How to Teach Comprehension at the Inferential Level

by Liz Earne

Making inferences, or "reading between the lines," is the process of bringing together the reader's prior knowledge with what is written on the page. It also involves making logical guesses about the author's assumptions, purpose and message. The ability to make inferences is an essential part of reading comprehension and must be explicitly taught to students, especially beginning and struggling readers. Teach comprehension at the inferential level by asking students questions that guide them to make connections between what is in the text and what they can guess or assume based on what they already know.

Text Discussion

Distribute a text for students to read. Choose a text that is at the appropriate reading level. Students should be able to decode ("sound out") the words with ease in order to be able to comprehend well enough to make inferences.

Have students read the passage independently or with a partner. Then have students listen as you read the text aloud while they follow along.

Pause from time to time to ask questions about the text. Identify difficult words and ask students to use context clues to figure out their meaning. In this way, students must infer the meaning of the difficult word from the context.

Ask students to make inferences about the setting of the text. Have students identify the setting (time and place), and ask them what they already know about that place and time period. Have students add details about the setting that are not written in the text. In this way, students apply their prior knowledge to infer details about the setting.

Ask students to make inferences about the characters or people in the text. Ask students to explain why they think the character did something. Allow different students to offer multiple interpretations of the character's actions. Point out something that one of the characters said, and ask for volunteers to read the quotation aloud with the intonation they think the character would have used. Allow different students to read the quotation aloud in their own ways, and try to come to a consensus on which is closest to the character.

Ask students to make inferences about the author's message or point of view. Have students identify clues in the text that might show how the author feels about the topic or the characters. Ask students if they think the author is sending the audience a message, and if so, what that message might be. Allow different students to offer multiple interpretations of the text.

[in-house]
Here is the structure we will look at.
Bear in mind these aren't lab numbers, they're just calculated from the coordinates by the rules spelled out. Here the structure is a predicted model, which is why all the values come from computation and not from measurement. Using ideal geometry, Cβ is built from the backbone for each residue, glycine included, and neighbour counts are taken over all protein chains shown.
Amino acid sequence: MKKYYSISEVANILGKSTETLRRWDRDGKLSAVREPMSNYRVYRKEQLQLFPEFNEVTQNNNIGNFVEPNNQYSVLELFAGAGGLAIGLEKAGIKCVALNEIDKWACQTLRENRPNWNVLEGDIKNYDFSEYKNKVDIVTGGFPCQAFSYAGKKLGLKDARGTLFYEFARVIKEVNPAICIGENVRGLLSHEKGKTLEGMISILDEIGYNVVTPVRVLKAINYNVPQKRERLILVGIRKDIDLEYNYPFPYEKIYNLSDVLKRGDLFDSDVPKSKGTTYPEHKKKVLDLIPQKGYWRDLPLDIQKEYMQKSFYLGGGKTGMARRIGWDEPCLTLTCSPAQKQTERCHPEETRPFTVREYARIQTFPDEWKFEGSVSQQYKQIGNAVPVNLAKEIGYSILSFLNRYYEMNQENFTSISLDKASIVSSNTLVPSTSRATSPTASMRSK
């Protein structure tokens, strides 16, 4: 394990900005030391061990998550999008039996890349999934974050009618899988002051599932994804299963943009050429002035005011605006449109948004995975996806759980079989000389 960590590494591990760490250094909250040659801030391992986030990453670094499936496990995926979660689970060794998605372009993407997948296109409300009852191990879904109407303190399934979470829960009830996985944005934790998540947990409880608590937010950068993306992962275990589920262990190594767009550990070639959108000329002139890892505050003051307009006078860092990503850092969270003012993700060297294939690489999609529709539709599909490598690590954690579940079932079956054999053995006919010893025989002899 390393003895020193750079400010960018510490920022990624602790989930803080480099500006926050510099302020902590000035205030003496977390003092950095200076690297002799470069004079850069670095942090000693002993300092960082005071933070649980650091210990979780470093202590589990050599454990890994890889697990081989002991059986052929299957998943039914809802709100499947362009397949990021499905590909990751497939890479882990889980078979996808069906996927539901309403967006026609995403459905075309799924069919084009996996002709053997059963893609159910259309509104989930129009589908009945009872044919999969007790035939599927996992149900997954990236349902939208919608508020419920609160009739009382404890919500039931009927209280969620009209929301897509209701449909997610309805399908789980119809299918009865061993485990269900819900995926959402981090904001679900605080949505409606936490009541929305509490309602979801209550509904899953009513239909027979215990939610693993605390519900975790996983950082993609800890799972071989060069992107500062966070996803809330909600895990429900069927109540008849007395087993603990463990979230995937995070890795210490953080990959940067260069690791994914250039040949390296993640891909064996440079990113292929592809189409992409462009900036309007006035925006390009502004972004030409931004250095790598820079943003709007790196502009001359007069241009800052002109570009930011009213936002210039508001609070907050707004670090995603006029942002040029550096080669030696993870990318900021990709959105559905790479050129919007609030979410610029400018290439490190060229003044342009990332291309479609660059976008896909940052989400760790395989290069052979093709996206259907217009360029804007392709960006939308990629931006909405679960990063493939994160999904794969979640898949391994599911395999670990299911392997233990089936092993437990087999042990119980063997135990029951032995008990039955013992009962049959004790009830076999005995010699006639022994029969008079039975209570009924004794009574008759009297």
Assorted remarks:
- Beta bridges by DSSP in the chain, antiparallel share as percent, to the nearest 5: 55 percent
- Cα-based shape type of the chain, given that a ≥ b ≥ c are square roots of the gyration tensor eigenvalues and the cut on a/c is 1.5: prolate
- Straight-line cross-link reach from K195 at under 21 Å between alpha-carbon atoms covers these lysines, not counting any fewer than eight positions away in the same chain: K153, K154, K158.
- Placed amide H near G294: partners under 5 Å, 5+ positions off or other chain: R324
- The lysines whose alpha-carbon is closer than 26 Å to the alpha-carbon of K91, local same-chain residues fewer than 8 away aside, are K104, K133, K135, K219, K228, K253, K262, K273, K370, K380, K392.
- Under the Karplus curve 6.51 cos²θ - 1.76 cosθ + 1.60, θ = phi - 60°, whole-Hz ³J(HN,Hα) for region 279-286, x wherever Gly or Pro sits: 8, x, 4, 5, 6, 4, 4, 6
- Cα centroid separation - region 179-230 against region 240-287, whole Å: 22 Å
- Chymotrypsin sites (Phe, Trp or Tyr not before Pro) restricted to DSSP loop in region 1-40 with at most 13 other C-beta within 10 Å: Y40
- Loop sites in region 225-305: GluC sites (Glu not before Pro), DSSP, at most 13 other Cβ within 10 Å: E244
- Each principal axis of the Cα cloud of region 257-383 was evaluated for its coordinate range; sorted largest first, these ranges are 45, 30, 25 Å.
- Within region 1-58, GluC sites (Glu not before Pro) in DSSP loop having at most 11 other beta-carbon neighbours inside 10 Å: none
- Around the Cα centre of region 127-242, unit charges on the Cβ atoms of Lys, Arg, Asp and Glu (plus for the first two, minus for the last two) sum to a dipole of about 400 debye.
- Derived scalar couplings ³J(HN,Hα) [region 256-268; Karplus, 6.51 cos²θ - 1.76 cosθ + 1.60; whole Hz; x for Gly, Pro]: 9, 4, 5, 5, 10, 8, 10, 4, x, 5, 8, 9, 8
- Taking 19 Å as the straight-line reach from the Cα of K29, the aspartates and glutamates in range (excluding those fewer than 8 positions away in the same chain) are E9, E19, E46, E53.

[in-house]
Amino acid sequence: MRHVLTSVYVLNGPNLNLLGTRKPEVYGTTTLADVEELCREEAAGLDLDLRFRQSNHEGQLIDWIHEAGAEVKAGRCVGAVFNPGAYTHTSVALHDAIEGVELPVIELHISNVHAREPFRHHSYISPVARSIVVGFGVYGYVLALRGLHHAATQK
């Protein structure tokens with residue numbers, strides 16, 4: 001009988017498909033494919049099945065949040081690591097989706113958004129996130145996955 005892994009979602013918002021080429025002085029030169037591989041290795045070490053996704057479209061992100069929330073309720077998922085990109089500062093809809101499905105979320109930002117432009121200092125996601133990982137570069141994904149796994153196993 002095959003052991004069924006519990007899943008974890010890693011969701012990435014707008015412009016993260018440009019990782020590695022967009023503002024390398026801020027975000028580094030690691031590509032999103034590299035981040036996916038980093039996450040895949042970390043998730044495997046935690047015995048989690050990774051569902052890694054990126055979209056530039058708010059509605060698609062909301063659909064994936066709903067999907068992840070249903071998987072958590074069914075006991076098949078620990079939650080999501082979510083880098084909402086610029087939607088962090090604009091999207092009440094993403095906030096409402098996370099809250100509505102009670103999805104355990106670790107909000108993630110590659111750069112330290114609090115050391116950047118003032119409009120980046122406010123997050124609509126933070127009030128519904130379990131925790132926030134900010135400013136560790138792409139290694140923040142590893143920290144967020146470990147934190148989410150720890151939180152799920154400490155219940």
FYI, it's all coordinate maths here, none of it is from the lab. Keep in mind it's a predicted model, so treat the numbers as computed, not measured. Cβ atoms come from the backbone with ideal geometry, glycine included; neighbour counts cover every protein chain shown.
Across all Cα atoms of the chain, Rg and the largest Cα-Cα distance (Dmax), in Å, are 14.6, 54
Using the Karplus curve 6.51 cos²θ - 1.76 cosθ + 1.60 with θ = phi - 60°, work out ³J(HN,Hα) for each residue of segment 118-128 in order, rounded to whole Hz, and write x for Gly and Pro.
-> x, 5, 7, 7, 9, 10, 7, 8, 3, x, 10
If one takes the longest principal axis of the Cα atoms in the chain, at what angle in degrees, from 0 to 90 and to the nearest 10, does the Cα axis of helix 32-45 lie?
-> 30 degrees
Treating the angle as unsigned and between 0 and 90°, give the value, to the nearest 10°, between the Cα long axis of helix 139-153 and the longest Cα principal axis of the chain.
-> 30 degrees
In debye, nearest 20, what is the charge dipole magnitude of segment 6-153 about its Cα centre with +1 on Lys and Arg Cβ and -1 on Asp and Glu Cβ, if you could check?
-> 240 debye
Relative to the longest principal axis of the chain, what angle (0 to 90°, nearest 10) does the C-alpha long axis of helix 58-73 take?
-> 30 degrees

Written Response

Write an inferential question about the text on the board and have students copy it at the top of a journal page. Have students fold the journal page in half vertically, using the folded line as a divider. Have them write on the left side, "What the Text Says," and have them write on the right side, "What I Know."

Have students look for sentences in the text that they think answer the question. Have them copy these sentences under the heading, "What the Text Says."

Ask students to think about details or facts from their prior knowledge that they think answer the question. Have students record these under the heading, "What I Know."

Have students create a new heading at the bottom of the page that says, "My Answer: What I Infer." Have students think about the sentences they copied from the text and the facts they already knew. Have them write an answer to the question that combines both under the the new heading. Their answer should be in complete sentences.

About the Author

Elizabeth Earne is a writer and teacher. Her writing has appeared in "San Diego Family Magazine" and on various websites, with a focus on education, parenting and travel. Earne has taught writing to children for more than five years. She holds a Bachelor of Arts, as well as certification in cross-cultural language and academic development (CLAD).

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